Ferris Bueller was right
The opening lines of Simon and Garfunkel’s tune “The 59th Street Bridge Song” (“Slow down, you move too fast. You got to make the morning last.”) have always made me chuckle. I don’t do pokey. I really never have.
I typically like to get things done, or arrive at a destination, as quickly as possible. I boasted last year on Facebook shortly after we’d moved into our house it had taken me just 32 minutes – drink break included – to mow our lawn and finish all the yardwork. When I was in my early 20s I was proud of the fact I’d driven from my hometown to the state capital, which was 140 miles away from my parents’ house, in less than two hours (I clocked in somewhere between 1:50 and 1:55). This was when I viewed the posted speed limit on Interstate 90 as just a suggestion and my bladder was much stronger.
Whereas I have an “Ahead, Warp Factor 7, Mr. Sulu” mentality, Cindy is my polar opposite and tends to move much more deliberately. Nolan does, too. Lately both Cindy and I have needed to give sonny boy several verbal prompts to do just about anything. Yes, some of that has to do with the fact he has Autism. But sometimes I forget some of his dawdling just stems from the fact he’s 14 and has a lot of typical teenager in him.
Nolan and I have been going on walks at least two or three times a week since early April as part of his at-home adaptive physical education assignments. And more often than not, I can count on the following happening:
Nolan will fix his gaze on my car parked in the driveway and make a move for it, then run toward the street yelling at the top of his lungs and sometimes bending my arm a direction it was never meant to go even though I told him more than once in the house we were going for a walk.
His temper tantrum will subside by the time we cross the street.
To say we’re going on a leisurely stroll is an understatement.
Our neighborhood walks have typically ranged from only one to two miles, but I plan on us being out of the house for a minimum of 45 minutes. Nolan likes to take his time as I’m trying to get us to move at a pace that is slower than brisk, but faster than snail. He’s fond of stopping and picking up leaves. We make lengthy pit stops either by the recess area of the middle school he attends or on the school’s tennis courts. Sometimes he’ll just stop, turn to his right, and stare at something off in the distance for a moment or two.
Having a son with Autism who also is nonverbal has taught me to be much more patient than I once was. I know the two of us have no reason to be in a hurry, and I don’t mind a brief stop here and there. But sometimes we really need to move at a much quicker pace, like when it’s starting to sprinkle and Nolan is enjoying feeling the raindrops on his face as dad is frantically trying to move him along because we’re still four blocks from home. Or I realize I drank too much water before we left home and I really, REALLY, have to get to a bathroom – stat (I can’t believe there was a time when I didn’t need to take a pee break for more than two hours. Now there are days I need one every 20 minutes).
And then there are days when – forgive me for being so graphic – I could soak my britches and not give a damn.
Twice in the last two weeks, Nolan has requested that we extend our walks by pulling my arm a little more than half a mile from our house and leading me in the opposite direction of where our home is. Last Friday, he became upset when I told him we couldn’t go into City Hall, which is still closed to the public due to the pandemic, and told me on his communication device he had to use the toilet. I told him we would have to start walking home. He pulled my arm, started dragging me west, and immediately calmed down.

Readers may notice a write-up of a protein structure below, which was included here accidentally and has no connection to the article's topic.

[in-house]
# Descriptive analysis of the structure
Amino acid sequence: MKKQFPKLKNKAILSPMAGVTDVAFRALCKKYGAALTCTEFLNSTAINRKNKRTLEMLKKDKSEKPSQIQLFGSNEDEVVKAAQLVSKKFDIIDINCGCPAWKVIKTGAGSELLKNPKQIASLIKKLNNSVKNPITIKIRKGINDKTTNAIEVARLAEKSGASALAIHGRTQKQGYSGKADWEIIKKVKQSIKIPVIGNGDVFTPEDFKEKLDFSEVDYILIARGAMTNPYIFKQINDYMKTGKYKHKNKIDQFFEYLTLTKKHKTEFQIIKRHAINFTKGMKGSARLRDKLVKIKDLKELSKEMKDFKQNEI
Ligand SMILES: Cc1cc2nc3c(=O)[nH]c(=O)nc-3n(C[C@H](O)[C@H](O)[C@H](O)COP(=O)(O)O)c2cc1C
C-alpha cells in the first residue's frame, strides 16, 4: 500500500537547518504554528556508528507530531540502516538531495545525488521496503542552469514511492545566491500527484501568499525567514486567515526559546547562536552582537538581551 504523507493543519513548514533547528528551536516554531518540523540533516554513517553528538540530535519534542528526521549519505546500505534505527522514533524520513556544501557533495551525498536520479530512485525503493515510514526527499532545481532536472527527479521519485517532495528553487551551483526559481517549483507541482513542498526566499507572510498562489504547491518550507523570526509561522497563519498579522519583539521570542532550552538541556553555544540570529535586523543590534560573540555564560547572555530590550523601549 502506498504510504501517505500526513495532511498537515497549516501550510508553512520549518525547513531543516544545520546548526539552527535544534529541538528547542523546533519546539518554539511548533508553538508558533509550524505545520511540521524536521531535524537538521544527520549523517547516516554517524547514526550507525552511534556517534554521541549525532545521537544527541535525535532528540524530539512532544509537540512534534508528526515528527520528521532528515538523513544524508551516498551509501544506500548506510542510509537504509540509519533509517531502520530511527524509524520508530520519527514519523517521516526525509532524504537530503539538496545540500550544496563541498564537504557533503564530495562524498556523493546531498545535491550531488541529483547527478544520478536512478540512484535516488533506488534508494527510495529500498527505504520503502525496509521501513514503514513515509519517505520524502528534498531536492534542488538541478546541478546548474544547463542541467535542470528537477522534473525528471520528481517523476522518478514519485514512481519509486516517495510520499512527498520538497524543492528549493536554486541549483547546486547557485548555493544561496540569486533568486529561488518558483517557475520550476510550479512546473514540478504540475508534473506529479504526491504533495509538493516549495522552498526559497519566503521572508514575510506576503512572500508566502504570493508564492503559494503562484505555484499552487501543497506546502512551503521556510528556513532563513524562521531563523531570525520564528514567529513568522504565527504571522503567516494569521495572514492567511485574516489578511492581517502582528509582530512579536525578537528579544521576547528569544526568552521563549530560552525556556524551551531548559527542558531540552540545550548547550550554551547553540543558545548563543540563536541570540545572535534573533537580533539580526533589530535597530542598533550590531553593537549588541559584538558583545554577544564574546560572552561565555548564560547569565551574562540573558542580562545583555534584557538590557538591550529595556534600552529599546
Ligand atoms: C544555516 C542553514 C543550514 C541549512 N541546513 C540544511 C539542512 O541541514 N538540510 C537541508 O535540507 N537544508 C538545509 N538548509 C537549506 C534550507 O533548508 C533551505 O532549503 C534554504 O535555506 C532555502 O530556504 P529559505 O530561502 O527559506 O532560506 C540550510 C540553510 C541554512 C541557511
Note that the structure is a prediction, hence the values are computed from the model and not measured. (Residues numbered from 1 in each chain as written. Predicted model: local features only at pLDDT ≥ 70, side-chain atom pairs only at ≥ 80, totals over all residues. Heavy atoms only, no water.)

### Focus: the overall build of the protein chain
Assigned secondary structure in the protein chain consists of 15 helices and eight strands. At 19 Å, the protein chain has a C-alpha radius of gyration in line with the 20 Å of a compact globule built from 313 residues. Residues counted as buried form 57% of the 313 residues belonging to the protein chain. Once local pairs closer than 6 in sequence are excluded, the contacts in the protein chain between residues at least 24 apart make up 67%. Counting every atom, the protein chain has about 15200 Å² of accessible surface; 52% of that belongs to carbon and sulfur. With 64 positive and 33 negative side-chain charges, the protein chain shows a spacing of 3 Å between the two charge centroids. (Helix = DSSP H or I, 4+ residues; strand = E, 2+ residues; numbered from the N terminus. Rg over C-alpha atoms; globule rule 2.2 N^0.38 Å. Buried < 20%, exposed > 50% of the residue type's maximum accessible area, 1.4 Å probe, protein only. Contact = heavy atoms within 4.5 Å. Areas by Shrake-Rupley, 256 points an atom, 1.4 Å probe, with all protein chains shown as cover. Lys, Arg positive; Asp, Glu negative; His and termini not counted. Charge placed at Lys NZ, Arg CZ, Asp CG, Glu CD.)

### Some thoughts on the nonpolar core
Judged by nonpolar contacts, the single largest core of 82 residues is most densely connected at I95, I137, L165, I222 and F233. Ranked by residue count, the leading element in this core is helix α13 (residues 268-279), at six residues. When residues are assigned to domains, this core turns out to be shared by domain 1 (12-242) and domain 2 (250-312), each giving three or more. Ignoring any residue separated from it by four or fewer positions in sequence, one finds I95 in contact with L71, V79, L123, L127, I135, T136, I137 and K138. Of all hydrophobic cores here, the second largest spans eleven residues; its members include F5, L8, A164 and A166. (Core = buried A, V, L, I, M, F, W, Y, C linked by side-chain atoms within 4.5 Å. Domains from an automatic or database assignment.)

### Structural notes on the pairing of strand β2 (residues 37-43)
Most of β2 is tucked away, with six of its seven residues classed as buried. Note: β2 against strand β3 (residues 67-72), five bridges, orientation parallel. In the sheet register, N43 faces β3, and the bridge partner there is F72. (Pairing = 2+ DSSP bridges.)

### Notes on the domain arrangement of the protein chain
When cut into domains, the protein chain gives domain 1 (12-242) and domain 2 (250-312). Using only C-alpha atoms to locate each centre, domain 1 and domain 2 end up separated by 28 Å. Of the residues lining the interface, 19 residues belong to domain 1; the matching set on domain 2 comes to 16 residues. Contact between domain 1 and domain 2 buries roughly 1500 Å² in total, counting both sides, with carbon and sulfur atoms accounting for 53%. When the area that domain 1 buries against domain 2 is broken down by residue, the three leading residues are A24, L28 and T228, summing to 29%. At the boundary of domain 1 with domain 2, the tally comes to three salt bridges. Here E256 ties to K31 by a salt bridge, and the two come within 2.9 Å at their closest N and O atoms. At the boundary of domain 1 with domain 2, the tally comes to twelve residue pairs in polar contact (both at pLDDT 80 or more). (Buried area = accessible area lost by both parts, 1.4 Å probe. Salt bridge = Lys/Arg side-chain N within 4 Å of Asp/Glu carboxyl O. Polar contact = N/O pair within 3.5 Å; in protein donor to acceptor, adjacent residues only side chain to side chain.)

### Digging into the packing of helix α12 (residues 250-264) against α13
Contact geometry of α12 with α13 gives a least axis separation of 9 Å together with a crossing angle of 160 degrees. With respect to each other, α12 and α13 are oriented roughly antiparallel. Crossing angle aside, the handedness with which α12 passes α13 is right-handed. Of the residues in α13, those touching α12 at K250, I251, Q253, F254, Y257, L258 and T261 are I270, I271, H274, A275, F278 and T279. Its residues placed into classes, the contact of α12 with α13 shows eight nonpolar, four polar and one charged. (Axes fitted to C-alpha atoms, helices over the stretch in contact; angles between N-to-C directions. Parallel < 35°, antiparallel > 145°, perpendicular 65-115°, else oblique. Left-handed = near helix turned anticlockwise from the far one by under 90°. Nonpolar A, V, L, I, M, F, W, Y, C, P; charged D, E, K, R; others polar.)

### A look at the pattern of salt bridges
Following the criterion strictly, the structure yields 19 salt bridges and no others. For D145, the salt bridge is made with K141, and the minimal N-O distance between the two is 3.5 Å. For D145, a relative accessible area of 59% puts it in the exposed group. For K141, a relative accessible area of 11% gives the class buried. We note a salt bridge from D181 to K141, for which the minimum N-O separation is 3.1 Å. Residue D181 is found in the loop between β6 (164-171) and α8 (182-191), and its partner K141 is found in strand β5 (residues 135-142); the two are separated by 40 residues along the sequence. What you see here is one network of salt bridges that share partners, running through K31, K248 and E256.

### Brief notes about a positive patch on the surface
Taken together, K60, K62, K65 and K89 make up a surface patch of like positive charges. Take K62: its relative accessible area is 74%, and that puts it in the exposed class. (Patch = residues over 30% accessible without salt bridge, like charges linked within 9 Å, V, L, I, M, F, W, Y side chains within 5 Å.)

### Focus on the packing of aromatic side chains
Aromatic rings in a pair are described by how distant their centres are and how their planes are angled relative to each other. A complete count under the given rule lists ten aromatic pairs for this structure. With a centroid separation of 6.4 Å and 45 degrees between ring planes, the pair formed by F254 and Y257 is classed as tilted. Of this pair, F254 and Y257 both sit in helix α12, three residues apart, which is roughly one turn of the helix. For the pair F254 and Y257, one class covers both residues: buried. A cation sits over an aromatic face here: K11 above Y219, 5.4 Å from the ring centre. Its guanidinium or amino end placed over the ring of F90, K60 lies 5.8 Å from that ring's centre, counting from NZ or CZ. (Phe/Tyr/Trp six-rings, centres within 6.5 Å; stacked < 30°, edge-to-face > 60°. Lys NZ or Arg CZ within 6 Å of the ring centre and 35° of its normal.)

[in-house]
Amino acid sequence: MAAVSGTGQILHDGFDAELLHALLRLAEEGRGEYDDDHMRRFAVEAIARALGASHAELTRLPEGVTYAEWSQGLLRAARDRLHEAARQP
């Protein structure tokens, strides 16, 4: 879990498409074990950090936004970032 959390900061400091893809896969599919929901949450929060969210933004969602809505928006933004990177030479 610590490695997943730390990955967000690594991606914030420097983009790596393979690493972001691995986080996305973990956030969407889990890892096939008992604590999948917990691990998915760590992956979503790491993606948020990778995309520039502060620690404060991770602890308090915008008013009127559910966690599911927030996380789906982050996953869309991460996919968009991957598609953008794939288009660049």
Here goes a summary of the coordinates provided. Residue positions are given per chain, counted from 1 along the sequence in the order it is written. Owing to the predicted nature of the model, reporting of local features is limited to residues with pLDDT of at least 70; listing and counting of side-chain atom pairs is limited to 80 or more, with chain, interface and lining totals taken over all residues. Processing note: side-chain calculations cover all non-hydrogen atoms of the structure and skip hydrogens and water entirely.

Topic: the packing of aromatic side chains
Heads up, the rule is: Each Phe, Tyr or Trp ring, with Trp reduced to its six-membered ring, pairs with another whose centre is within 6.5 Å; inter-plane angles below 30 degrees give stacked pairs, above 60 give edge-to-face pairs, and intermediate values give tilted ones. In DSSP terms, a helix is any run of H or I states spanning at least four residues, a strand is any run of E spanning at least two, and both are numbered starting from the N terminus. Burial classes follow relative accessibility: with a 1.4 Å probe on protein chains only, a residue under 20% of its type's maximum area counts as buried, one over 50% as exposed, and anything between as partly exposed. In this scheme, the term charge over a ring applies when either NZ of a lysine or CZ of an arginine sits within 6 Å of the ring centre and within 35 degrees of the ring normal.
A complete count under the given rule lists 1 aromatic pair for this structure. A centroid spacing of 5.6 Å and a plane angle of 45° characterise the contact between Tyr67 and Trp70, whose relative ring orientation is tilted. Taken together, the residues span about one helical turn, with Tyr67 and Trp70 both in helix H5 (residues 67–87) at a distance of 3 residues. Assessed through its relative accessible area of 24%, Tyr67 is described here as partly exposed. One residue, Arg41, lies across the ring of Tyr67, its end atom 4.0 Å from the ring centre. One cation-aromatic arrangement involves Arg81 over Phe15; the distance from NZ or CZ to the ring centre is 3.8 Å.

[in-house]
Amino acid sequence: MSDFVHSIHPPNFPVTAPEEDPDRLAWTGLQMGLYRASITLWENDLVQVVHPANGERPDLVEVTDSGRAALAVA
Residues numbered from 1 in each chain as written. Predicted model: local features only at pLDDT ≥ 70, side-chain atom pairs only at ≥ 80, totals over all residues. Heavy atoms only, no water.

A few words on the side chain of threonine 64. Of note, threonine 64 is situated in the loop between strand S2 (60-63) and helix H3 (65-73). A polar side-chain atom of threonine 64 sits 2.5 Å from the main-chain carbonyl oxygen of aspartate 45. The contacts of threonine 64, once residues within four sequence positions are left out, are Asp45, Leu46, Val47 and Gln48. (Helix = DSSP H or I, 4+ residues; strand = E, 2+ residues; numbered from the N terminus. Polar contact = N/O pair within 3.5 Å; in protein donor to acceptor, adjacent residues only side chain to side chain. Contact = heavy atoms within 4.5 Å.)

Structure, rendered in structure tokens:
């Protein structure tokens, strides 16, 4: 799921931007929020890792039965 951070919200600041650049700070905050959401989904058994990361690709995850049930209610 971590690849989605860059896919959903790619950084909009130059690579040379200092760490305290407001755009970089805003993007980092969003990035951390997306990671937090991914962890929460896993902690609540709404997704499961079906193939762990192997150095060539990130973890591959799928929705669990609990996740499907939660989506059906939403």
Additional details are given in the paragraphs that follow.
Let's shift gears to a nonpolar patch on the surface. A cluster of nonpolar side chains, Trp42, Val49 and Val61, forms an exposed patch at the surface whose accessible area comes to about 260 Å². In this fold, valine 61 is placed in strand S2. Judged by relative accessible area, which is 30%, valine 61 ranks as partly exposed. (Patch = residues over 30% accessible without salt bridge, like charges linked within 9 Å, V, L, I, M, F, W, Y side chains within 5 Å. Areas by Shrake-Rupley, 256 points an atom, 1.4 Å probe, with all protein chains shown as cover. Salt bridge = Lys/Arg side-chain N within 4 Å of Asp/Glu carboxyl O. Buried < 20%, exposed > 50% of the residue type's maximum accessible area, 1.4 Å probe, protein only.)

From there, we enjoyed a warm, pleasant late May day on a walk that lasted 1 hour and 20 minutes. There was no yelling. There were no attempts to twist dad’s limbs into a pretzel. Nothing in Nolan’s body language screamed, “Are we home yet?????,” nor did I ask the same question out loud. I’ve run two marathons and several half-marathons, and I’ve felt pretty good about what I accomplished. I never thought a two-mile walk would give me just as much, if not more, satisfaction.
I remember when I was in fifth grade and my father, who had been placed on medical leave by the company he’d worked for, would drive his electric wheelchair to the elementary school I attended toward the end of the school year and we would go home together. Those walks together didn’t continue when I reached middle school because, well, I was a teenage asshole who couldn’t accept the fact my father had Multiple Sclerosis, and I would have been embarrassed had he met me at school.
I know Nolan has missed his daily routine since he was last in school in mid-March, and I know there are days he gets tired of me being his teacher as well as his father. His latest thing to do when he wants some space and he thinks either Cindy or I is too close to him is to lead us to the bathroom, push us inside, and close the door.
But I really believe he enjoys our afternoon walks together. That makes me happy, because soon we might not have as many opportunities to do so. The starting date is still up in the air, but Nolan is scheduled to participate in a summer program three days a week with a local agency. And he will be starting his freshman year of high school in September. It will be nice, but strange, to eventually be in a quiet house once again.
It’s been years since I last saw “Ferris Bueller’s Day Off,” but I remembered this quote by Matthew Broderick: “Life moves pretty fast. You don’t stop and look around once in awhile, you could miss it.” Being able to walk with Nolan and see the world at a slower pace is helping me to realize that. In this case, being pokey is a very good thing.